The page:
Women’s MCS Golf Swings From Long Ago

I’ve been beating my figurative head against the wall for years, as you all know, trying to figure out why such athletic marvels as Michelle Wie and Tiger Woods are crippling themselves with the Modern Golf Swing madness, and you have to see this clip.

Thanks to Jim for posting it in the comments, and I know that many people don’t actually read comments sections (not a surprise with what you’ll find online in most comments sections), so I wanted to write an actual post on this.

We’ve all see the many great clips of swingers such as Jack Nicklaus, Bobby Jones, Ben Hogan, Tom Watson and the like, but they are men and, aside from Mickey Wright, I haven’t really featured many lady swingers.

If you’ll look at the following clip, you’ll see that this needed to be rectified forthwith:

That is some great action from several lady swingers from long ago, and if you compare it:


To what today’s ladies, say, Michelle Wie:

Um…Not Silky…

It is truly tragic.

Now, I would have just one question to ask – does anyone really think that the classic swinging lady was any stronger or more athletic than Michelle Wie is?

The obvious answer is no, but look at the tortured swing by comparison of Wie to the comparison classic golf swing.

And that, my friends, is what has been lost since someone decided that they knew more about golf swing mechanics than Jack Nicklaus, Ben Hogan and Bobby Jones.

In short…


Back Pain or Back Injury Swinging a Golf Club?

Lacking Power, Speed, Distance and or Consistency? 

Need A Swing That Is More Easily Maintained?

If You Answered “Yes” To Any Of The Above Questions, The Answer Is In The Formula For The Golf Swing:

“E = MCS” The Swing Video


11 thoughts on “Women’s MCS Golf Swings From Long Ago

  1. jh32

    DJ, something I noticed on the gif above of Mickey Wright is what I call the stall just before, during impact and then the move into the follow through? Wondering about your thoughts on this? Would this be like some have said the snap of the whip into impact?

    1. D Watts Post author

      I wrote a post about this a couple of years ago, which I had pulled, but I resurrected it for you, Jim.

      PS – If you perform the down swing properly, especially using the Kettle Bell “One Exercise” that I’ll be unveiling hopefully on Tuesday – should be a natural action, where the hips begin to slow and the arms pass, just like a cracking whip.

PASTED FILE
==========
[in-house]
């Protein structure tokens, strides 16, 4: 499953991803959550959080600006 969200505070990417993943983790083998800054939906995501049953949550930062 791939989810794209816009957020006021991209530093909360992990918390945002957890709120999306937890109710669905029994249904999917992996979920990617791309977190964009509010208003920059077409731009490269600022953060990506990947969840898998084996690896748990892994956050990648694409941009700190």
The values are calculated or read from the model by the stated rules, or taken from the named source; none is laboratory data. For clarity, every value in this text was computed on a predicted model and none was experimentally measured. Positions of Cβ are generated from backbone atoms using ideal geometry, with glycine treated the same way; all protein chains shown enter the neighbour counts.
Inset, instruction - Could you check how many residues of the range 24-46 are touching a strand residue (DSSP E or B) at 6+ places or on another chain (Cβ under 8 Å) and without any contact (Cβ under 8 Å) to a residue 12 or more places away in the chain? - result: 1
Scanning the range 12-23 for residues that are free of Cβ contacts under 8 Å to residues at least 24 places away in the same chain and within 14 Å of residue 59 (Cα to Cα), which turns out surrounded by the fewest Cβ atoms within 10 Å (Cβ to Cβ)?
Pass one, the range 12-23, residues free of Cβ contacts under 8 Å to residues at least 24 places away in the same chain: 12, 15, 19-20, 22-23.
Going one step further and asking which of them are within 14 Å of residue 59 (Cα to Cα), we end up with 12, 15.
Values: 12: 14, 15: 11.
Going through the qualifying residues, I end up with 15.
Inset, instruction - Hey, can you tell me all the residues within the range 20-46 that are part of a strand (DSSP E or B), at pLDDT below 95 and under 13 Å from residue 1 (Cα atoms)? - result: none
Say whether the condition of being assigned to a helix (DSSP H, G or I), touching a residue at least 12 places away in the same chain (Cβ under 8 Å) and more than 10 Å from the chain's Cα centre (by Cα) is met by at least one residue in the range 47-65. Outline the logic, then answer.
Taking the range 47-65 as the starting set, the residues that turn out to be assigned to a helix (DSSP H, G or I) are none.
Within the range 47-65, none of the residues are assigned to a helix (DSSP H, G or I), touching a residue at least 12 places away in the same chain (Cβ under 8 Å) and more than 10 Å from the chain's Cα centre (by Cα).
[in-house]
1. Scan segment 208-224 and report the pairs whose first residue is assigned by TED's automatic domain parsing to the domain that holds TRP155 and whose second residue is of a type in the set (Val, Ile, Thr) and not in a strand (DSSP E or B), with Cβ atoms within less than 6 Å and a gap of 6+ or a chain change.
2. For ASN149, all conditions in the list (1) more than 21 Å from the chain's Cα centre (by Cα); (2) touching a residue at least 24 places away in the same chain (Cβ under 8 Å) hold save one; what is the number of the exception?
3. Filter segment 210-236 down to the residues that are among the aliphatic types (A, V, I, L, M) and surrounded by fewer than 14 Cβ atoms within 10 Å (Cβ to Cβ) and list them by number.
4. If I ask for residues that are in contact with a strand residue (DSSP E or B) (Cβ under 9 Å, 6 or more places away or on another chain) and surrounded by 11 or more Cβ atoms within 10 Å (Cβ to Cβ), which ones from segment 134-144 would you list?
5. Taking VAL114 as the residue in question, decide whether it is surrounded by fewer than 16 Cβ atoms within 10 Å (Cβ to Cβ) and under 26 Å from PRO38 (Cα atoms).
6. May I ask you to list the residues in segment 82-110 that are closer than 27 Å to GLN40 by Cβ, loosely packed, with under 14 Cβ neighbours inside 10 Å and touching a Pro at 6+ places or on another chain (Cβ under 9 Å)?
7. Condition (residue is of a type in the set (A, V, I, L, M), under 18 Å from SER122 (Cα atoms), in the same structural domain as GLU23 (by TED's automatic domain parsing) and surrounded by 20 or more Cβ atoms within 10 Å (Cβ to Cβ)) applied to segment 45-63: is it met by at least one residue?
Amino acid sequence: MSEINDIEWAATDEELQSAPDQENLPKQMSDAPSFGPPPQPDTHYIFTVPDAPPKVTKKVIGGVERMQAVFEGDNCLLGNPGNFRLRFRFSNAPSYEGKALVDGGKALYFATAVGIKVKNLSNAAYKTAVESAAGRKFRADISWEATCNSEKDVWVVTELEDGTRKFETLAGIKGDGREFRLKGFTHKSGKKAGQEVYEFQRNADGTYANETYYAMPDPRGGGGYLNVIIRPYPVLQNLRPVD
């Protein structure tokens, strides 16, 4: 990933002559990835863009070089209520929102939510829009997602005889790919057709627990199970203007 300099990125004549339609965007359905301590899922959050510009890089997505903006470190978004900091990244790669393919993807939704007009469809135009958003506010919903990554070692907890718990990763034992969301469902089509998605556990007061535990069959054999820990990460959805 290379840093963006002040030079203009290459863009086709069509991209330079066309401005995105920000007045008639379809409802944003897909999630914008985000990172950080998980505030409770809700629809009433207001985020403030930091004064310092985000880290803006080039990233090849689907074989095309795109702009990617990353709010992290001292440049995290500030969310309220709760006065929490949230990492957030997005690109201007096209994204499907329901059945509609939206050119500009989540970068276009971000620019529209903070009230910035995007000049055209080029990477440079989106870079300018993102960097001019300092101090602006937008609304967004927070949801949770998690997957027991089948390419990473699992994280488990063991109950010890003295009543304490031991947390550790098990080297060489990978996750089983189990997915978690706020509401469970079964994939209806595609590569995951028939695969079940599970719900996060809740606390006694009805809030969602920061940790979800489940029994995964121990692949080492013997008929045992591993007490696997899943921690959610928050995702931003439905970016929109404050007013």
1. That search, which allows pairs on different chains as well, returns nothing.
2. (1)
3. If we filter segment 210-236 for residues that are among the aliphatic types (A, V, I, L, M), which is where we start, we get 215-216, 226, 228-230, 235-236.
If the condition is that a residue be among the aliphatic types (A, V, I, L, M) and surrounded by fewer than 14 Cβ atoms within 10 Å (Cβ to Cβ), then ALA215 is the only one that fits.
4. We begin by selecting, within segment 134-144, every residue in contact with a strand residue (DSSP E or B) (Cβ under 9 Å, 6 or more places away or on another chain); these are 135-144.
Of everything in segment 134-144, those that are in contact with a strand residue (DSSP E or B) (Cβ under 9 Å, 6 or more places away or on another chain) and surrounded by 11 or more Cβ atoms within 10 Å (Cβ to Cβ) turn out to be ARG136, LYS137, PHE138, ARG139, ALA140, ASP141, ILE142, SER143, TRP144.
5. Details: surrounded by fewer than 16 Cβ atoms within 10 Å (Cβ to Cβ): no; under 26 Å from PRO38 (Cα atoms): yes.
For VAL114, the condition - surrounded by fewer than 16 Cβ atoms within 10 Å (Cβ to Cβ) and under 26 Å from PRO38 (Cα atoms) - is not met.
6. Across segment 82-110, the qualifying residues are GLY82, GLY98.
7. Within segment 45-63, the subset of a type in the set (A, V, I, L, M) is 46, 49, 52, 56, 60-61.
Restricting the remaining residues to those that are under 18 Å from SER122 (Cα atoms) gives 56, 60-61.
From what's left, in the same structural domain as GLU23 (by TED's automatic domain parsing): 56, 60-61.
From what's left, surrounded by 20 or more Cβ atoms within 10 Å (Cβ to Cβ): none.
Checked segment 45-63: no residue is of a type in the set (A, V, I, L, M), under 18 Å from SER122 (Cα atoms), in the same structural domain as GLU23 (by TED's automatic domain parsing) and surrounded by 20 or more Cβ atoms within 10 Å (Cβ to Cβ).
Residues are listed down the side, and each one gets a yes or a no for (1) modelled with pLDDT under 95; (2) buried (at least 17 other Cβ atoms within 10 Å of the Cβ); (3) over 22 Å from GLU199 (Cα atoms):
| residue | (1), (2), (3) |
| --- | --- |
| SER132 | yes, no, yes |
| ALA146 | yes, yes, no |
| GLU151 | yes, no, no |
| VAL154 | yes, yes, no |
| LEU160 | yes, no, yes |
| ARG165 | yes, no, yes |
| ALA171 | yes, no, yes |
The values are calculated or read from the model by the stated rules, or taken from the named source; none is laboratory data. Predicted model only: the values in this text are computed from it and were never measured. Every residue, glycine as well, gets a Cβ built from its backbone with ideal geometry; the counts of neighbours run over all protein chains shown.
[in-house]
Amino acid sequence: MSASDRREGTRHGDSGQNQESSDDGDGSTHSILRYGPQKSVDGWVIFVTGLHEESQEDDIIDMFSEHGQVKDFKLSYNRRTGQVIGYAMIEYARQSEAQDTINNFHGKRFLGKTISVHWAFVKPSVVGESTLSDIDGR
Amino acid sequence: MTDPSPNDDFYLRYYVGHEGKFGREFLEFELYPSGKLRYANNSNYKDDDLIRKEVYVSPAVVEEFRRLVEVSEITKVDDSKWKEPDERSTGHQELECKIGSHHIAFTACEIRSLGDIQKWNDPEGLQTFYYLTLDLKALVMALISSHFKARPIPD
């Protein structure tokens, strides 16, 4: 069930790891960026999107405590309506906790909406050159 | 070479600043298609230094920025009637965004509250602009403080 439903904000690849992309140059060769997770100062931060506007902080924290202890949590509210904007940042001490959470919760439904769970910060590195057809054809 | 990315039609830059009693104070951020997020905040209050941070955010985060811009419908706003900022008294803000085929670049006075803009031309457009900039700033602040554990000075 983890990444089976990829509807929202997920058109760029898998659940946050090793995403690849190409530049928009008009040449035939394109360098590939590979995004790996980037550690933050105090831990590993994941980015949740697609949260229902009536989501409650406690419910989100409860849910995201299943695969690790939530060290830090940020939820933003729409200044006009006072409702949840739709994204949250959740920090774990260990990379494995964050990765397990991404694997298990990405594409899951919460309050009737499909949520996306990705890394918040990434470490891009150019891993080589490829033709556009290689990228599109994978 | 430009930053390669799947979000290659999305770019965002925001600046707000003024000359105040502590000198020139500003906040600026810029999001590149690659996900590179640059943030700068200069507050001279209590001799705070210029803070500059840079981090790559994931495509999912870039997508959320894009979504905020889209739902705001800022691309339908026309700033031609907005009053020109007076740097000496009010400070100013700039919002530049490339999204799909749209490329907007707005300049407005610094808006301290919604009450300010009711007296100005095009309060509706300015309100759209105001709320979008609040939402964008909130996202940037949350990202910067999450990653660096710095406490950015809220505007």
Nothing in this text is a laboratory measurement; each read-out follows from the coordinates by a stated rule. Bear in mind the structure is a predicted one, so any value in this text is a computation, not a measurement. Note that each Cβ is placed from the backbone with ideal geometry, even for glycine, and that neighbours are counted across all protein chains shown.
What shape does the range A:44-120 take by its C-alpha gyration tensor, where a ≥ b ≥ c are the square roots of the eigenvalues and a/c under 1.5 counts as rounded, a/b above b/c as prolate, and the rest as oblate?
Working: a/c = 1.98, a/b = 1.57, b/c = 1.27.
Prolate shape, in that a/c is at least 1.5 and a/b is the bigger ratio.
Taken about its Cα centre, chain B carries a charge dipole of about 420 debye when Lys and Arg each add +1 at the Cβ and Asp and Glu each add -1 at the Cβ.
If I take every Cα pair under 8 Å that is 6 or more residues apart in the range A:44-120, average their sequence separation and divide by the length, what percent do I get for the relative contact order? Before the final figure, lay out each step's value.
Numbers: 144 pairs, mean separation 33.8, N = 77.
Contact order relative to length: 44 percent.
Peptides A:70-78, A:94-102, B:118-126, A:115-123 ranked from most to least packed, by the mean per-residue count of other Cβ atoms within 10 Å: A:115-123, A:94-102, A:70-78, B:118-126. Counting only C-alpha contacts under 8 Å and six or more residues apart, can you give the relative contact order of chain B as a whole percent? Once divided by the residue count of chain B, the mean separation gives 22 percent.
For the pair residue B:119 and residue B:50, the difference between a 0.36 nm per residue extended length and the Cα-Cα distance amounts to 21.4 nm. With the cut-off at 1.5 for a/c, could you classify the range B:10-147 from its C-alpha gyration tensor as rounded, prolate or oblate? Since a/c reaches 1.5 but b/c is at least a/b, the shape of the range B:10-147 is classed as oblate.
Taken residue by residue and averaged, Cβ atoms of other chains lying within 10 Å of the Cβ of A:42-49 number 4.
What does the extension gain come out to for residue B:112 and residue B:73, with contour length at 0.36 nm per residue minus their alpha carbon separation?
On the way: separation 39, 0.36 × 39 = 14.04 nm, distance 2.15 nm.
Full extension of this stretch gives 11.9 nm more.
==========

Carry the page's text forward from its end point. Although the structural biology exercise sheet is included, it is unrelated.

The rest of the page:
2. jh32

    I remembered that you had done a stitch about Rory, but couldn’t remember when. thanks for the reminder.

  3. Chief Cowpie

    Along with your excellent study of Mickey Wright’s Swing, Babe Didrikson Zaharias deserves a look. She was said to be second only to Arnold Palmer as a fan favorite, To this day, she remains the only woman ever to make the cut at a PGA tour event. Her exploits, from Olympic gold medalist to basketball to golf are legendary. Cheers, Chief

    1. D Watts Post author

      Not a bad idea, Chief – now that the video project is coming to an end, I will give the Babe a look and share my thoughts.

  4. Mike Divot

    The Babe’s swing looks like a female Sam Snead. It’s that good.

    I can just hear the TV analysts now. “Her heel is raising off of the ground … she’s losing her connection to the ground forces … that’s a major power leak right there … look at that hip turn (wolf whistle)… that might be great at the beach but not on the golf course …. not exactly parallel at the top … she’s at least three and one half degrees off … that means she’s going to shank it … or maybe thin it … or hit it fat … or hook it … or take a mulligan. A lot of moving parts there and if she goes to a good instructor she might be playing off single figures in 10 years.”

    1. D Watts Post author

      Sadly, if you’ve seen modern analysis of swing regarding the great classic guys (one about Sam Snead came to mind – imagining giving swing criticism to the guy who won the most Tour events ever, was a multiple major winner, the longest in his era and won events into his 50s), you’re likely correct, MD.

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